If you intend to drive at Castle Combe, by-the-way, BHP TrackDays runs more track days there than anyone else.

What happens when I book?

We’ll send you an email containing the essential information confirming what you have booked, what you need to know about such things as when to arrive, what to bring and so on.  The attachments to the email provide detailed information about how the day is run, some local information, advice on some checks to carry out on the car, a circuit map, and an indemnity form.

What happens when I arrive at the circuit?

I’d recommend you arrive early so you aren’t under pressure for your first track day.  It will be a new experience and you understandably won’t know where everything is or be familiar with what to do. Find a place to park in the paddock and sign-on with the organiser.  When you sign-on you’ll be given a wrist band to confirm you’ve registered for the day, paid any entry fees owing, and have signed an indemnity form.  You will also be given a car identification sticker to put on the car in a prominent position to confirm the car is registered for the day.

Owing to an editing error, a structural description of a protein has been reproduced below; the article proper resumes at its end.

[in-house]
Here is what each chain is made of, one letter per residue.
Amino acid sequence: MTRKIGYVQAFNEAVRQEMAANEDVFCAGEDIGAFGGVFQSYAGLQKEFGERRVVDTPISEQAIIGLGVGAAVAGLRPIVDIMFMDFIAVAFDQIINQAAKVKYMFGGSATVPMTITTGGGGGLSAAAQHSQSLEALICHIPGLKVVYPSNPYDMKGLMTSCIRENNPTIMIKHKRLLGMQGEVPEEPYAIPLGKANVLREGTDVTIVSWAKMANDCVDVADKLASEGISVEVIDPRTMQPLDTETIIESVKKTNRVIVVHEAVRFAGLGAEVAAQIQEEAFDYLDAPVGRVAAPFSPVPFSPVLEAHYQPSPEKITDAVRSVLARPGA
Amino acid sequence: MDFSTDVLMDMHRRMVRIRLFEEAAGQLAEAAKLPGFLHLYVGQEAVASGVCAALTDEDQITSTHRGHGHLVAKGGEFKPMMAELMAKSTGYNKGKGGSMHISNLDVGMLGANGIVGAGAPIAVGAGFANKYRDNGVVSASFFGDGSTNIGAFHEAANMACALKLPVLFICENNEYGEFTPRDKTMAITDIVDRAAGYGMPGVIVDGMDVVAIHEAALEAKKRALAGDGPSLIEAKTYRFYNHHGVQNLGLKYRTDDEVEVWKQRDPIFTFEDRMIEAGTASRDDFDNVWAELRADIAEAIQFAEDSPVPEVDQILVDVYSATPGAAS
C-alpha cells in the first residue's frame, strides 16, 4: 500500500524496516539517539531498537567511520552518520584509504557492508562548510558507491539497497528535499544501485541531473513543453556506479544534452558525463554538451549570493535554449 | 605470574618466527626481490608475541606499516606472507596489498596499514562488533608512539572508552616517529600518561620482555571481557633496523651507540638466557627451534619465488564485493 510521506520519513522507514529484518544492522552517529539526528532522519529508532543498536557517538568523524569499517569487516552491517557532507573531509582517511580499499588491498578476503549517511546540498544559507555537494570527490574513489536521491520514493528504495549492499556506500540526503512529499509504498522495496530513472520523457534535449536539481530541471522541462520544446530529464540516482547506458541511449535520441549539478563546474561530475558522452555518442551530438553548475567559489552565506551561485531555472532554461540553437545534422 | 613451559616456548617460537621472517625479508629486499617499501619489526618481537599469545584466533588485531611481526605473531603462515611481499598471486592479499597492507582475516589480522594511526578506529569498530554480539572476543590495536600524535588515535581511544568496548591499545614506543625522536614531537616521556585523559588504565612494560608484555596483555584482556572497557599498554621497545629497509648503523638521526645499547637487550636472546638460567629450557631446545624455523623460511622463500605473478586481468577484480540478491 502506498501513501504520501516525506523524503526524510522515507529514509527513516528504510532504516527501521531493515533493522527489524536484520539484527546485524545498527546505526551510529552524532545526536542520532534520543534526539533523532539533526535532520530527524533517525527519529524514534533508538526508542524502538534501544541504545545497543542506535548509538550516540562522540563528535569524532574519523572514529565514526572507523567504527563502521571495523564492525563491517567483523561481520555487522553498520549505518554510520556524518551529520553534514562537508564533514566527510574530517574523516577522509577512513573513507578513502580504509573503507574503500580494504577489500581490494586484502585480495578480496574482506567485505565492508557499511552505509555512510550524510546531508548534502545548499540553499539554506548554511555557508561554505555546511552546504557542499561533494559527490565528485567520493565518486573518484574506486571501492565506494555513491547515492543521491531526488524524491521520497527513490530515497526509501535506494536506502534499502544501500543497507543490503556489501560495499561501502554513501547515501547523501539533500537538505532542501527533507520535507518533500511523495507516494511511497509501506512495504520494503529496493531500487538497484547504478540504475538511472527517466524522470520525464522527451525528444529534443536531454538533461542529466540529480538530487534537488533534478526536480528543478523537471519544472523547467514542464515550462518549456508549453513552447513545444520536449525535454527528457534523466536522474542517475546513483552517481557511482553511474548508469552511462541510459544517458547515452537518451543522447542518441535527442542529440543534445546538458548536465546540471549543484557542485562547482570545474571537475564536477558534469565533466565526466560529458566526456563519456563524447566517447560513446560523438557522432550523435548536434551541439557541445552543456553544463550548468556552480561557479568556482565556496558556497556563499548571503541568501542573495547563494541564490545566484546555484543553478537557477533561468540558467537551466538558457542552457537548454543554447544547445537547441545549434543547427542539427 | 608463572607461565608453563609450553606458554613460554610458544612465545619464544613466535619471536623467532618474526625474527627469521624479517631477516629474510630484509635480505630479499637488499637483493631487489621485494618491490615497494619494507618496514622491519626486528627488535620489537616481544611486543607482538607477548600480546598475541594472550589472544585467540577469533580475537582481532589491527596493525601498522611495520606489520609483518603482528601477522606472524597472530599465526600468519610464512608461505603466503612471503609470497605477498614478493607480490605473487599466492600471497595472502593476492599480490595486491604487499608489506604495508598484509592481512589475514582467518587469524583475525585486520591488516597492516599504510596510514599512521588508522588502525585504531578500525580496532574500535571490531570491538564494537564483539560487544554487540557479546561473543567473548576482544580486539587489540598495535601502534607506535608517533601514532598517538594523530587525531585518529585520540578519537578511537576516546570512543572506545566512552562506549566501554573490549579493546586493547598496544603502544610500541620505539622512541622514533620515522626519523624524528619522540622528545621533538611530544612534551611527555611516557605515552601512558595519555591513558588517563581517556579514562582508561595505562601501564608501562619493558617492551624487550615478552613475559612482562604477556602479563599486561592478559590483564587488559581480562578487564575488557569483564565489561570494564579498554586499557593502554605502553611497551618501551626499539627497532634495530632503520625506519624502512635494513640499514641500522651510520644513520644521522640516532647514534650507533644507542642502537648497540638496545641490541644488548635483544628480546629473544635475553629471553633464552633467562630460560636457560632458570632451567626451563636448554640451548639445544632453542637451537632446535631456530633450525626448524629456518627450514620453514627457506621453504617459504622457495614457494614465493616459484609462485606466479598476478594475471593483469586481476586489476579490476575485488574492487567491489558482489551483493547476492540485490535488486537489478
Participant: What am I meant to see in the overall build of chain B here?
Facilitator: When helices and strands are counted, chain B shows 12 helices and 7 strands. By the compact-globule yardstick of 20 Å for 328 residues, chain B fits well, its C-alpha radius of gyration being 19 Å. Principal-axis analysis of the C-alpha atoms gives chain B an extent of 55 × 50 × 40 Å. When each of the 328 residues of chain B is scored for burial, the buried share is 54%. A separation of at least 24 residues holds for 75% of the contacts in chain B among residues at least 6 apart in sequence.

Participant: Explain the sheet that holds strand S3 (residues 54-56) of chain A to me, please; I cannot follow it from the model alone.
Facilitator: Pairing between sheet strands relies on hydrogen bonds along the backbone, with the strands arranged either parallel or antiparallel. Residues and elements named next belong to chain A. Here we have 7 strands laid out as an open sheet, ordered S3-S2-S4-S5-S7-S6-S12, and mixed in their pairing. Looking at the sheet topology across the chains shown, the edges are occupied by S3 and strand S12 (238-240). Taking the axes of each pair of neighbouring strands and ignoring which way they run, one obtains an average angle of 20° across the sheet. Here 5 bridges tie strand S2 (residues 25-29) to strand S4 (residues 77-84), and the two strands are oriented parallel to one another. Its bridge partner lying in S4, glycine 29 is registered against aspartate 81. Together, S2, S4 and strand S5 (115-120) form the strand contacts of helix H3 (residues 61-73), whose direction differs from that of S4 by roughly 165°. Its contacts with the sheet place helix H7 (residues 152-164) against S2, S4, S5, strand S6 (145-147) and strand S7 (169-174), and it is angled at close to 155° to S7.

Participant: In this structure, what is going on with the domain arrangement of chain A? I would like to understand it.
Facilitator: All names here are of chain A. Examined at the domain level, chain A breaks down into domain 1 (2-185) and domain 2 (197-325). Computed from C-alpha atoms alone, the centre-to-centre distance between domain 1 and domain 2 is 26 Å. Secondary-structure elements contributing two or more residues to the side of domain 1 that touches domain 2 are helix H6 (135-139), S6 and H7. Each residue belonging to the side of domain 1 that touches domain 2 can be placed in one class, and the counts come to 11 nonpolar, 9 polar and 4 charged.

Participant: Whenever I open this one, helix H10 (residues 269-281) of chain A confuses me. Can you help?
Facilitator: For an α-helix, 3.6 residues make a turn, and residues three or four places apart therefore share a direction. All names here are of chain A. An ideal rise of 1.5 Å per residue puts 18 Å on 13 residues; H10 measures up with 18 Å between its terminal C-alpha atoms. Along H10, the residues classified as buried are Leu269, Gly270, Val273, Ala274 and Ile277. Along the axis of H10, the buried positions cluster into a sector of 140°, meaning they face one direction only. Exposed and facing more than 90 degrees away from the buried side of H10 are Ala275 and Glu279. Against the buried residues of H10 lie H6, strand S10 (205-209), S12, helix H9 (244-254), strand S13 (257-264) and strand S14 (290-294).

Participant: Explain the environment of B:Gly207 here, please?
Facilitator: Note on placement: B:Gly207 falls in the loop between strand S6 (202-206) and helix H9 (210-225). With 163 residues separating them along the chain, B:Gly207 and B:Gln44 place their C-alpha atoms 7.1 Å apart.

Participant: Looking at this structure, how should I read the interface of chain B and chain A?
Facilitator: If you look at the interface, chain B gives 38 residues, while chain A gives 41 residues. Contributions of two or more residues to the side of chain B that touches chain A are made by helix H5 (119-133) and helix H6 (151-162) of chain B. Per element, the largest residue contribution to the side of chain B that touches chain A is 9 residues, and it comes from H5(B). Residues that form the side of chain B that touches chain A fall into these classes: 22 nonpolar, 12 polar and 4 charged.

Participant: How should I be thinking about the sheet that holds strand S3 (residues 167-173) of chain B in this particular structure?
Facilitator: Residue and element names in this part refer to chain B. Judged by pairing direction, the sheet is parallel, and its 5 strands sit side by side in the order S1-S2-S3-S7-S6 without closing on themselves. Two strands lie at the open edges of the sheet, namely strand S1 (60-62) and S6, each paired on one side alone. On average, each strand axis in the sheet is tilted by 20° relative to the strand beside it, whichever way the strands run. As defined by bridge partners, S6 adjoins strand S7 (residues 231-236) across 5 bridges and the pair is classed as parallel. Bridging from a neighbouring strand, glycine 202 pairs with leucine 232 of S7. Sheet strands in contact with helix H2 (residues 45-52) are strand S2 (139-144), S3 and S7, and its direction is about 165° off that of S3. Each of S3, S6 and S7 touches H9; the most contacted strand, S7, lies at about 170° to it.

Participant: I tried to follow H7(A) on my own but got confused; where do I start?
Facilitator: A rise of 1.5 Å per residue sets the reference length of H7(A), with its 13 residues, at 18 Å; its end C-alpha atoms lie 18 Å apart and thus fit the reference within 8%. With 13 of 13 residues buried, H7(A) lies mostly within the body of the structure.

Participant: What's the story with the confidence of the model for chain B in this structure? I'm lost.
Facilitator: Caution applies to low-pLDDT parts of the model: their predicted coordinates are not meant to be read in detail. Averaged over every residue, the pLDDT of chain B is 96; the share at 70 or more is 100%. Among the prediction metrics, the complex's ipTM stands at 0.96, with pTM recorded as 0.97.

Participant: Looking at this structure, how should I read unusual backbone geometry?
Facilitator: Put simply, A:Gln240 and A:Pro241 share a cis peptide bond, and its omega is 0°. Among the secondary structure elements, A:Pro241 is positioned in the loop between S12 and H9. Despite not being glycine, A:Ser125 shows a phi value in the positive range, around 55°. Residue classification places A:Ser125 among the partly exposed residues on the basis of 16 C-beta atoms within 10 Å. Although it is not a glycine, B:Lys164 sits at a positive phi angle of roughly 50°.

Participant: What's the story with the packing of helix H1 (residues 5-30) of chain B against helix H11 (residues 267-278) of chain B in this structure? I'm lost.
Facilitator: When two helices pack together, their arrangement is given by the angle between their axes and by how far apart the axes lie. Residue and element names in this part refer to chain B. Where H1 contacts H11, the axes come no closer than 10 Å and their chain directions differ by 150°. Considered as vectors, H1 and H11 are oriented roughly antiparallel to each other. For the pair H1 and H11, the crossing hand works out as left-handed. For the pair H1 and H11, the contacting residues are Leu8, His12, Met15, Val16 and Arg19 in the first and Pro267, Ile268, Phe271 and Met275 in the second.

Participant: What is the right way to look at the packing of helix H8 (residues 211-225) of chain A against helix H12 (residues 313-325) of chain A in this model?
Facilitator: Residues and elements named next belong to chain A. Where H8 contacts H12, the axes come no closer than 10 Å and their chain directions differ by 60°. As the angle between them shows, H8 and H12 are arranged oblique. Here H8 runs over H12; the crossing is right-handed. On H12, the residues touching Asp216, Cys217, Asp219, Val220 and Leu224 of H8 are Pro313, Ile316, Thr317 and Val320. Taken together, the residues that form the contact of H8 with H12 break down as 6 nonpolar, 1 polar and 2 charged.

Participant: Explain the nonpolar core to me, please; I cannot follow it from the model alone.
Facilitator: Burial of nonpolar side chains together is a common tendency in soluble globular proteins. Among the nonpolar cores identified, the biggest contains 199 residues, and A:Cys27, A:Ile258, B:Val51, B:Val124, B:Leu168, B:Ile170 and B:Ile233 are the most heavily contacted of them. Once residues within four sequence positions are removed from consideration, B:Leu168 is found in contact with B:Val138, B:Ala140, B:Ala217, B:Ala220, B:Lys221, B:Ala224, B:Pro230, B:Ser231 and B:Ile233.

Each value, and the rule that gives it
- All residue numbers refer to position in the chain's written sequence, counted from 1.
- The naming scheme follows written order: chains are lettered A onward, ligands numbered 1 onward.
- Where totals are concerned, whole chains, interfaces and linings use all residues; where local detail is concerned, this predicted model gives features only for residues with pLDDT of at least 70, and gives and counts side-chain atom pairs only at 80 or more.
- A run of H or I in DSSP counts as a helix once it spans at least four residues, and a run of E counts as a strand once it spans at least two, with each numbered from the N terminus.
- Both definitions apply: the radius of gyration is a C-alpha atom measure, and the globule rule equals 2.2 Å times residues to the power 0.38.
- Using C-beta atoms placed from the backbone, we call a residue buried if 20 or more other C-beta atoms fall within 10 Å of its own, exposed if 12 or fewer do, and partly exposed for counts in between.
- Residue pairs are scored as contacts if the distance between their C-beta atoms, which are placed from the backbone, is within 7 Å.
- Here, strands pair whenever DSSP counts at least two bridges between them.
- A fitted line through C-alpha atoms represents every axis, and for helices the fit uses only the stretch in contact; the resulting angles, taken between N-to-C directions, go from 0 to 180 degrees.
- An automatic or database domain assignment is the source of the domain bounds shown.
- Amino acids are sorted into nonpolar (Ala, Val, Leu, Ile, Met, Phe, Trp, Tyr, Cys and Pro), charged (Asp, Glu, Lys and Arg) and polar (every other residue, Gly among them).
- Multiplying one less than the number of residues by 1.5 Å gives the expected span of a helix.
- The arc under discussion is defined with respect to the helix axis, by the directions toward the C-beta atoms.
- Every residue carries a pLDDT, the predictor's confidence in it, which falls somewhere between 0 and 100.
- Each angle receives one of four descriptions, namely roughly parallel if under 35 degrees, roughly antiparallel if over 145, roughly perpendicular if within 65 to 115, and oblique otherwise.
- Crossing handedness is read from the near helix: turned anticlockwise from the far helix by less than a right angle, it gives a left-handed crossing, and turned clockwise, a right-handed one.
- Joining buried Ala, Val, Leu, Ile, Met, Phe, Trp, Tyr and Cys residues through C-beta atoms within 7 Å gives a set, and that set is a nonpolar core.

Most circuits have a requirement for your car to pass a static noise test.  Castle Combe Circuit is 100dBA at 4500 rpm measured at 0.5m from the exhaust (if your car has a motorbike engine then the test is done at ¾ maximum rpm).  Noise testing normally opens at 08:00 and it’s a good idea to get the car tested before the start if track time if you can.

Now’s also a good time to make sure you have taken all the loose items out of your car.  Don’t take the car on circuit with any loose items still in it.  They can damage the car if they get thrown about during cornering or braking, they are hazardous to the driver and passenger, and can cause an accident if something gets caught under say the brake pedal.

Attending the safety briefing is mandatory.  Our briefings at Castle Combe start at 08:00 and are deliered every 20 minutes until 08:40.  Try and make sure you have signed on by 08:20 to be in time for the last briefing.  The safety briefing is most important because it will inform you amongst other things about how the day will be run, rules about overtaking, what flag or traffic light signals will be used and what they mean, what to do in the event of an incident, and about the expected driving standards and consideration for other drivers.  You will be issued with a driver’s wrist band at the end of the briefing.  You need both the sign-on wrist band and the briefing band in order to drive on the circuit.